DeAngelo Williams could run over the opposition, stiff-arm a defender and keep trucking toward the end zone. But the star running back could not stop cancer from stealing the lives of the women he loved.
The former Pittsburgh Steeler and Carolina Panther who was a standout at the University of Memphis watched his mom Sandra Hill put up a good fight against breast cancer. Sadly, she lost that battle when she was just 53 years old.
Four of his aunts had already succumbed to breast cancer, passing away before the age of 50.
Knowing that he couldn’t do anything more than hold his mom’s hand, accompany her to appointments and cheer for her, he decided to try and help other women in his mom’s honor.
So in 2014, when his mother’s death was still a painful memory, Williams paid for the cost of mammogram screenings for 53 women through a nonprofit organization he had created, The DeAngelo Williams Foundation. He called his mission “53 Strong for Sandra.” His mom and all of his aunts were carriers of the BRCA1 gene.
The foundation coordinates events where the women undergo a breast cancer screening. In addition to the screening events, the foundation also covers the cost of follow-up appointments and treatments when needed and when cancer is discovered.
Williams hopes to host a free mammogram screening event in every state eventually. In the meantime, the foundation has covered the cost of more than 500 mammograms at hospitals located in Pittsburgh, Penn.; Memphis, Tenn.; Jonesboro, Ark.; and Charlotte, N.C.
“To be able to help all these women is amazing. This can be life-changing for these women. We are enabling them to get this care that no one should ever be denied or not have access to.”
Aside from his mom, Williams’ biggest fan happens to be his wife Risalyn Williams. She serves as executive director of The DeAngelo Williams Foundation and loves what her caring, compassionate husband has been doing to help others.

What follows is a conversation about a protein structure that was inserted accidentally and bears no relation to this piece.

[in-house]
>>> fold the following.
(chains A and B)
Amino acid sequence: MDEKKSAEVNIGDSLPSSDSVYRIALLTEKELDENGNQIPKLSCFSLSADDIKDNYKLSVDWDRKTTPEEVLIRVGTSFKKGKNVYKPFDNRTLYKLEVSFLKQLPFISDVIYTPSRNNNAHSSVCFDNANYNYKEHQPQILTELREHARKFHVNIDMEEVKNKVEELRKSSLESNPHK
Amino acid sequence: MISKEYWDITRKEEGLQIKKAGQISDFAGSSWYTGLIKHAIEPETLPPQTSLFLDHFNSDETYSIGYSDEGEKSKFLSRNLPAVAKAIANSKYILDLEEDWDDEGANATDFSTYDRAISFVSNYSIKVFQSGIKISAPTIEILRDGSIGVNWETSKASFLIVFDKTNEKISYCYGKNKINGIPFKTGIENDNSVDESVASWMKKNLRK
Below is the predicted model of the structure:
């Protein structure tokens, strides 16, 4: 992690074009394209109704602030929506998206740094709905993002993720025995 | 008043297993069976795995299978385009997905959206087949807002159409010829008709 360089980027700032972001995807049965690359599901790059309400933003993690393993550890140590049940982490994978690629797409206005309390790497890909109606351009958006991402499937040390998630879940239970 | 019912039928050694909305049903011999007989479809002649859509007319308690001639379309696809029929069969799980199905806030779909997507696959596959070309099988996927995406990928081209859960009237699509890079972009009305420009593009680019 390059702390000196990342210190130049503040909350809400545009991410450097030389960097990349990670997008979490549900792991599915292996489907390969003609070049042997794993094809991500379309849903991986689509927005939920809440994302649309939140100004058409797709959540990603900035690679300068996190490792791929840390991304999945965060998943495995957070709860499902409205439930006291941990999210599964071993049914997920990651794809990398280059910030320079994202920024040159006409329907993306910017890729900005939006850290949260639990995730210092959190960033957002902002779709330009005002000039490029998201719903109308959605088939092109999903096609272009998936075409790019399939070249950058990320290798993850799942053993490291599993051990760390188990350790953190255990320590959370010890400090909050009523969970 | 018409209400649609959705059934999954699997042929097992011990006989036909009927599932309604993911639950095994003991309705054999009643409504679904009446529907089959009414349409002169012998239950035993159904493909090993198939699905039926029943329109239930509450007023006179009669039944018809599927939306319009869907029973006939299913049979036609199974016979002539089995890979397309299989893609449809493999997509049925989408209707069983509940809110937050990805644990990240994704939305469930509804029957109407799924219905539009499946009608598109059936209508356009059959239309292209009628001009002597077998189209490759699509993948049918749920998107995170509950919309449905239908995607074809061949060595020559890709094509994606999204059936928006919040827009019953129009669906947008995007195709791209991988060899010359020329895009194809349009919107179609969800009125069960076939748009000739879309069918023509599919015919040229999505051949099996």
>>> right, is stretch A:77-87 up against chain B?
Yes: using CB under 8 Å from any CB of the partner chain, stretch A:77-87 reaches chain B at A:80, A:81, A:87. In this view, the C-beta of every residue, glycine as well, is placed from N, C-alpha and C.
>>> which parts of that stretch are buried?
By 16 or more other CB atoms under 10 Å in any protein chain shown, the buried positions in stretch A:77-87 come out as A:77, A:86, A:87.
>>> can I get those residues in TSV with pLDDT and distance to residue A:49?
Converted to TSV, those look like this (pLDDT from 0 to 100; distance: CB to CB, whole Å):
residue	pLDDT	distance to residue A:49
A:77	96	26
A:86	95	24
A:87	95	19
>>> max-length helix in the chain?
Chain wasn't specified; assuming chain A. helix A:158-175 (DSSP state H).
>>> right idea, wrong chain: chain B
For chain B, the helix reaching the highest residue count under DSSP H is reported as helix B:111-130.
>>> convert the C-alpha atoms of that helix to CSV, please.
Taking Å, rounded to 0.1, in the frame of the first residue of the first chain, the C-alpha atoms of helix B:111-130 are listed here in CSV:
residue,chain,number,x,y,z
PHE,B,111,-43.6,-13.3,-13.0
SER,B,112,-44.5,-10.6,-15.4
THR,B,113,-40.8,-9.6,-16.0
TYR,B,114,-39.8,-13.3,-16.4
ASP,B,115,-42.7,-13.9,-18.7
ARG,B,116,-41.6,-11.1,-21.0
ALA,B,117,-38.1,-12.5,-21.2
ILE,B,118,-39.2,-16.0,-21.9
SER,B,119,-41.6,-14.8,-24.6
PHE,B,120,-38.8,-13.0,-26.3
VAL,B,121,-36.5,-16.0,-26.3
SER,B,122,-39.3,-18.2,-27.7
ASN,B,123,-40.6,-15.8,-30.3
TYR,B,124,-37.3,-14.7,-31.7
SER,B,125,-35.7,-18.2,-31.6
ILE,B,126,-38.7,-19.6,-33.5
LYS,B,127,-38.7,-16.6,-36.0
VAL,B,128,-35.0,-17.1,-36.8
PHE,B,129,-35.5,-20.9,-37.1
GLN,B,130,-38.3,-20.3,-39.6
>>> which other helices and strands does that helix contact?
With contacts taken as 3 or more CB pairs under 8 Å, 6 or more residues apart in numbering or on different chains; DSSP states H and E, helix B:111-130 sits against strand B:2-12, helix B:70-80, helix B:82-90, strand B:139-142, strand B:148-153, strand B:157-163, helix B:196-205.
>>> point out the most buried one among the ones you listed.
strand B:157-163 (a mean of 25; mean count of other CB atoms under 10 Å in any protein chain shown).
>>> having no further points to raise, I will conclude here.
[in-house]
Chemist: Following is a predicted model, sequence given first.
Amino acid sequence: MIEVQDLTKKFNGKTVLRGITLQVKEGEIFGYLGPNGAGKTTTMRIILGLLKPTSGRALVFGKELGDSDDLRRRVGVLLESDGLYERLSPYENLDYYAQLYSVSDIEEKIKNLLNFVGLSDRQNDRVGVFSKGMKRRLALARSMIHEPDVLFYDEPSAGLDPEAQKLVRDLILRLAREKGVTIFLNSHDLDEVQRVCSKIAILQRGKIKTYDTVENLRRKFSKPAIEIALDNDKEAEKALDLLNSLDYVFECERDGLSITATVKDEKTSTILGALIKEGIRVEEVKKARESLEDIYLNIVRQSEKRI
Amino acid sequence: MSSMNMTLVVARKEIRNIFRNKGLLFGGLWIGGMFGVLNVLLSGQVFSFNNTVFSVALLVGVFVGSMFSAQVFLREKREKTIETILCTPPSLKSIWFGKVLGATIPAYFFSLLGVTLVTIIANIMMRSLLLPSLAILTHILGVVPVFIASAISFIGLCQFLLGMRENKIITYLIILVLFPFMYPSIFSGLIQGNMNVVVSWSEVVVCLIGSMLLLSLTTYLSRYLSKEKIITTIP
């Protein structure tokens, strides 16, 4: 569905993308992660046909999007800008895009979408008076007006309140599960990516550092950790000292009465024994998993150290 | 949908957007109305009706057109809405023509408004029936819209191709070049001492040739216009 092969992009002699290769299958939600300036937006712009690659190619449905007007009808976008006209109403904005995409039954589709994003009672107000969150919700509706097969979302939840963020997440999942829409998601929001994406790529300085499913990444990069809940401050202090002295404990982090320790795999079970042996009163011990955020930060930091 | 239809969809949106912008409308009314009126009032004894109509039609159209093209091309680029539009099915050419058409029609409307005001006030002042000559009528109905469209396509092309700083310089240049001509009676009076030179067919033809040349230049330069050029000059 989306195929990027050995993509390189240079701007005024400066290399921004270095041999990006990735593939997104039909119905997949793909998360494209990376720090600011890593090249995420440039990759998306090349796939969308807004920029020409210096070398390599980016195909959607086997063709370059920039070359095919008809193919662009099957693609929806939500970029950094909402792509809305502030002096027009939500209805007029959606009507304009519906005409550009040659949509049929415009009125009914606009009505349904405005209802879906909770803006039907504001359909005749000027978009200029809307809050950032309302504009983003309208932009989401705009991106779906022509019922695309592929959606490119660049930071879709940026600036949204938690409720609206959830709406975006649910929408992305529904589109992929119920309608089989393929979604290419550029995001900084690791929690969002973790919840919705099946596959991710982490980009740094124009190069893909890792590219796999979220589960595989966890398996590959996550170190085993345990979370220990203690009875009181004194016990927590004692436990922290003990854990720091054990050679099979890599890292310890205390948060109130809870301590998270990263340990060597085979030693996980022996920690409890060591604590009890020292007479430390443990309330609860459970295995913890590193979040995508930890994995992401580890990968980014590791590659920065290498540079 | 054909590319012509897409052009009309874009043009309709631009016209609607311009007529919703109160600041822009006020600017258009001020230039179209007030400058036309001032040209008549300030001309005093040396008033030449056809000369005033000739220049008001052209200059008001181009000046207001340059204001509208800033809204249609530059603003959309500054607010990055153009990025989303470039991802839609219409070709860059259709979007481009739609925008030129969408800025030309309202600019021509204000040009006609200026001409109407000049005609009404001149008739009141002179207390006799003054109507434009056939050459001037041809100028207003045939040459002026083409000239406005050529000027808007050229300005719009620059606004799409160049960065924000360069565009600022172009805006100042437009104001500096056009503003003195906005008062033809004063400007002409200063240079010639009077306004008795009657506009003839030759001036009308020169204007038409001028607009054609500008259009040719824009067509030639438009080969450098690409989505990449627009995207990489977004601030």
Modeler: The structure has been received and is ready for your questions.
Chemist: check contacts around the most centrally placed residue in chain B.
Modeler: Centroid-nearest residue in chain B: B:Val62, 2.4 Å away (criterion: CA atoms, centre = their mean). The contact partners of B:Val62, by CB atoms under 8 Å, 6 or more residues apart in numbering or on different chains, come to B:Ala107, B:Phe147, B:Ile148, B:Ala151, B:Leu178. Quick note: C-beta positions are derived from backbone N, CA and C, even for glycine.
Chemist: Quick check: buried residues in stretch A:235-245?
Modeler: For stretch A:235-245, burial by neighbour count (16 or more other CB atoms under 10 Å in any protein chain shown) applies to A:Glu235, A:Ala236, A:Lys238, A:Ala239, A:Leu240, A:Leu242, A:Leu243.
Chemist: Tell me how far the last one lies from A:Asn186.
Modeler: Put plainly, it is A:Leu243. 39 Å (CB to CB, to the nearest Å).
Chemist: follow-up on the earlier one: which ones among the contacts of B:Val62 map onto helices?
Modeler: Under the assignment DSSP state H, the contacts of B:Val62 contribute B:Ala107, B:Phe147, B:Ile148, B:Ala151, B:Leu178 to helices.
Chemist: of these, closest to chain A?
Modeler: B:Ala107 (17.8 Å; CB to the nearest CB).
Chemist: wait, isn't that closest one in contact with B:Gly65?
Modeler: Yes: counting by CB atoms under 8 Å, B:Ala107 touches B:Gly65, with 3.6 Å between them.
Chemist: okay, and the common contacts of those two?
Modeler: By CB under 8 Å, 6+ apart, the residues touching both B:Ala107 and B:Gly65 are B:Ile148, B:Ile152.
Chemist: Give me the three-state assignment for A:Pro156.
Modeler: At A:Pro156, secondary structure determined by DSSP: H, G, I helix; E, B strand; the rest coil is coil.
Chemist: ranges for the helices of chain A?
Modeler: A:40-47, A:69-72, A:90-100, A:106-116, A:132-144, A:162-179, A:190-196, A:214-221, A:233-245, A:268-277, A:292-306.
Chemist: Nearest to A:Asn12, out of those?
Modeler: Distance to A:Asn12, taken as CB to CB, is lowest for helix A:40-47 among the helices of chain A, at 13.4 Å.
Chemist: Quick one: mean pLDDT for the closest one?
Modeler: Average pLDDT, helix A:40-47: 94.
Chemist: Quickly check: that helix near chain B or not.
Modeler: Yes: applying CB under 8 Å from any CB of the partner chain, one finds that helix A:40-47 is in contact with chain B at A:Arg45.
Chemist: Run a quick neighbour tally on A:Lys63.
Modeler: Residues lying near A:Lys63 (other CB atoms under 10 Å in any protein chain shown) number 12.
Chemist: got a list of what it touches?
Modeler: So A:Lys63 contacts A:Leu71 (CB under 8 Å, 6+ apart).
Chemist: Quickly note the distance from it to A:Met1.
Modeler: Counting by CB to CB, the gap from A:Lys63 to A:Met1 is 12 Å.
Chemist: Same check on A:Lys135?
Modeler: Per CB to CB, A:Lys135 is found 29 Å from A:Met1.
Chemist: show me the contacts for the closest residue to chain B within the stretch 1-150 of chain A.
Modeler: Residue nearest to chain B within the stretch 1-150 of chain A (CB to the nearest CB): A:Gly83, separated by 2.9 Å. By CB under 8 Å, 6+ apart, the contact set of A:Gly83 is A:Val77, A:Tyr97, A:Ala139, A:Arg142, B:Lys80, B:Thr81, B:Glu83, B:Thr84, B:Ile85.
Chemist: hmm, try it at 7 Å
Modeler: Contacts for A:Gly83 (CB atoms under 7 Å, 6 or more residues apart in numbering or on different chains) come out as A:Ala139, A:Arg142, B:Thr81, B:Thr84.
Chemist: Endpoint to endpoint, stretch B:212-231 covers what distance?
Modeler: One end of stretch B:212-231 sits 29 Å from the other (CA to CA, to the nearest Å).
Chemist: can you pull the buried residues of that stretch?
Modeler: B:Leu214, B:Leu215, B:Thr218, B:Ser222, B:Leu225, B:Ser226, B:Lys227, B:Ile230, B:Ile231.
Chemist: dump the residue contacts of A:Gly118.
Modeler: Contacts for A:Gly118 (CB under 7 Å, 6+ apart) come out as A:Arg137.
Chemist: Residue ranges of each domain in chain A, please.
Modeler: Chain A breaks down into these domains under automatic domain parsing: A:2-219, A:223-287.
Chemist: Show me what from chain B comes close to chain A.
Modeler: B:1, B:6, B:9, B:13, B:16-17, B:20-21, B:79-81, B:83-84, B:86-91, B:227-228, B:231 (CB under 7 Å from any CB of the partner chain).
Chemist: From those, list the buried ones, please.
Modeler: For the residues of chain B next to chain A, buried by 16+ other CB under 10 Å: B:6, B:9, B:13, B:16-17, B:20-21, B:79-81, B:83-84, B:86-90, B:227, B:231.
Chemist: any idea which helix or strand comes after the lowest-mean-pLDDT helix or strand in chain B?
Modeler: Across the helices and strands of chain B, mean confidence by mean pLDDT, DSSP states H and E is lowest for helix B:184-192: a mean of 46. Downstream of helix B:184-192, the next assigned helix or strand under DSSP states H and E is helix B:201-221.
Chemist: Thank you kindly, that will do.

“DeAngelo wants to ensure that no woman (or man) fights breast cancer alone.”
In honor of his mom, his aunts and others who have fought cancer, Williams pushed to allow NFL players to wear pink cleats during Breast Cancer Awareness Month in October 10 years ago.
The NFL also has gotten on board by forming a partnership with the American Cancer Society to focus on preventing and detecting several cancers, including breast cancer, with the “Crucial Catch” program.
Many fans commented on the foundation’s Facebook page about how wonderful Williams’ work is and how he continues to push for breast cancer awareness in honor of his mom and aunts. Heather LaPointe told him to “Keep up the great work!”
“Your mom and aunts have a lot to be proud of the man and leader you’ve become.”
Leigh Beth Ammons described Williams as “true and genuine.”
“He has helped so many women with mammograms and done so much for Breast Cancer Awareness! I love him. My mother is three years out from Metastatic Triple Negative Breast Cancer. She loves him. She’s from Wynne and also went to Memphis State and we do the Race a For the Cure in Memphis. Thank you DeAngelo for everything!”
Donna Fantone Milligan shared that her friend didn’t have health insurance and by the time she could afford a mammogram, she already had breast cancer.
“Four years went by and she couldn’t afford insurance. She finally landed a great job with insurance. The first thing she did was get a mammogram and received the bad news. By you doing what you do, some women won’t have to wait like my friend. God Bless.”
Many professional athletes have foundations and causes they support that are close to their hearts like Williams, but the support women have shown to him for everything he’s doing has been wonderful. Kuddos to Williams for everything he continues to do to help keep women (and men) healthy.
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